Thursday, February 23, 2012


We have two parallel exercises in what might be called "transparent sidestepping"--the art of feebly waving one's arms in one direction while diverting one's eyes the other way, thus revealing the truth inside the sham and the sham inside the truth.

The first one is found in the news that Ryan Braun's suspension appeal has been upheld due to MLB's apparent usage of the LAPD "chain of custody unit" (which, by the way, was never actually proven to be the weak link in the O. J. Simpson case--the "Trojan horse" there was a racist cop).

The second one is found in the latest incarnation of the Hall of Fame wars, this time in the hands of Joe Posnanski, who found it necessary and desirable to take a passive-aggressive swipe at Jim Rice so copiously parsed (a la Bill Clinton's excruciatingly arcane hair-splitting on the definition of oral sex) that the actual motive shines like a crazy diamond even as it seemingly remains hidden in the sleight-of-hand that is Poz' shell game.

Let's save the brains for later and start with Braun. Rob Manfred, MLB's counsel, isn't going to win an Oscar for his "vehement disagreement" with the panel findings that tossed out Braun's test results.

Rob Manfred: secretly untying the
Gordian knot??
Folks, please remember that we are still in the Bud Selig era (which still abbreviates to the BS Era, in case you've forgotten). MLB doesn't want to have a tainted MVP, now, do they? So why would it be so surprising that they would figure out a way to ensure that Braun's appeal would prevail, even as they purport to disagree?

Please note that there is no assumption of guilt or innocence here with respect to Braun. The argument is simply that MLB would find it in its best interest to not have the embarrassment of an MVP who was found guilty, even in a "false positive" scenario. So the best way to ensure that the entire matter will flutter off into a morass of confusion and anti-climax is to botch the chain of custody.

With such a strategy implemented, Bud and his boys can concoct a hand-wringing, highly plausible (if you throw a towel over your head to muffle that uncontrollable giggling, that is...) scenario where human error trumps HgH, where a rogue twit (conveniently deployed as a courier...) tramples the vintage where the grapes of wrath (aka testsoterone) have been ruined by promiscuous refrigeration.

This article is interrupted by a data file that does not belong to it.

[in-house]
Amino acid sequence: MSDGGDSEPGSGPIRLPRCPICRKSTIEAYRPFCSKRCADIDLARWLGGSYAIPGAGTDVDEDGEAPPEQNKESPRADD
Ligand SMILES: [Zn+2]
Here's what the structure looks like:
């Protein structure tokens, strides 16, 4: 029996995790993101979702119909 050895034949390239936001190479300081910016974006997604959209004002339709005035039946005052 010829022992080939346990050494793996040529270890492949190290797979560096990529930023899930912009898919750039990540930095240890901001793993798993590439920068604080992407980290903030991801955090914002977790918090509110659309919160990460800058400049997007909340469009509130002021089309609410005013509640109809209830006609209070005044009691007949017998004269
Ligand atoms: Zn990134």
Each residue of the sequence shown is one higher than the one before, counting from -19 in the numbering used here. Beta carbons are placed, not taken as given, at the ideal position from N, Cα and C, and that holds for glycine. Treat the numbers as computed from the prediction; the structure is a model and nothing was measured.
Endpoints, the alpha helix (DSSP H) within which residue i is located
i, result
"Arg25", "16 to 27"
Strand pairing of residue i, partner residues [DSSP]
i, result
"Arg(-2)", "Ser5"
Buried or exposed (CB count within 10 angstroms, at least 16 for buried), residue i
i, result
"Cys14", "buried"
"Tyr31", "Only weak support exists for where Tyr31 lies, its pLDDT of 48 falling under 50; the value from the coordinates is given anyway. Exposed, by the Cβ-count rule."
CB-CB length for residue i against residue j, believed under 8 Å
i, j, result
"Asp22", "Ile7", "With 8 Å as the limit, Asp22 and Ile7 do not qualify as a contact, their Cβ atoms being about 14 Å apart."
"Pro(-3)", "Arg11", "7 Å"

And the game can go on with everyone clearing their throats on cue, grimacing and gesticulating, vowing that their unmitigated disaster of a testing program will one day become the type of protective shield you can take home to Mother.

Those "curiously long" posts from Poz have more than a little bit
in common with this geographical phenomenon....
That's how you get paid the big bucks, kiddies.

Now, on to Poz and his pose. Let's face it: you know Joe is up to something when he tries to sneak Mike Cameron past us as a proxy for Jim Rice and "fails" to reference his friend and mentor, Bill James--whose Win Shares system could have answered the question with about nineteen hundred fewer words than Poz deployed in what is becoming a more and more pronounced Parkinsonian "ox-bow rhetoric" (you know, when the river just keeps bending back and forth, back and forth).

It's clear that this approach is deliberate, as ol' Poz tries to make it look like he's not dumping a load on the BBWAA for putting Rice in the Hall by comparing him to someone whom everyone knows is not a Hall of Famer. But Poz' need to linger over the back-and-forth, meandering around the same point, is a dead giveaway that this is a passive-aggressive act of solidarity with the man who just posted a metric ton's worth of his Win Shares data in a tiresome "open letter to the Hall of Fame" (the organization he kicked in the head back in 1994).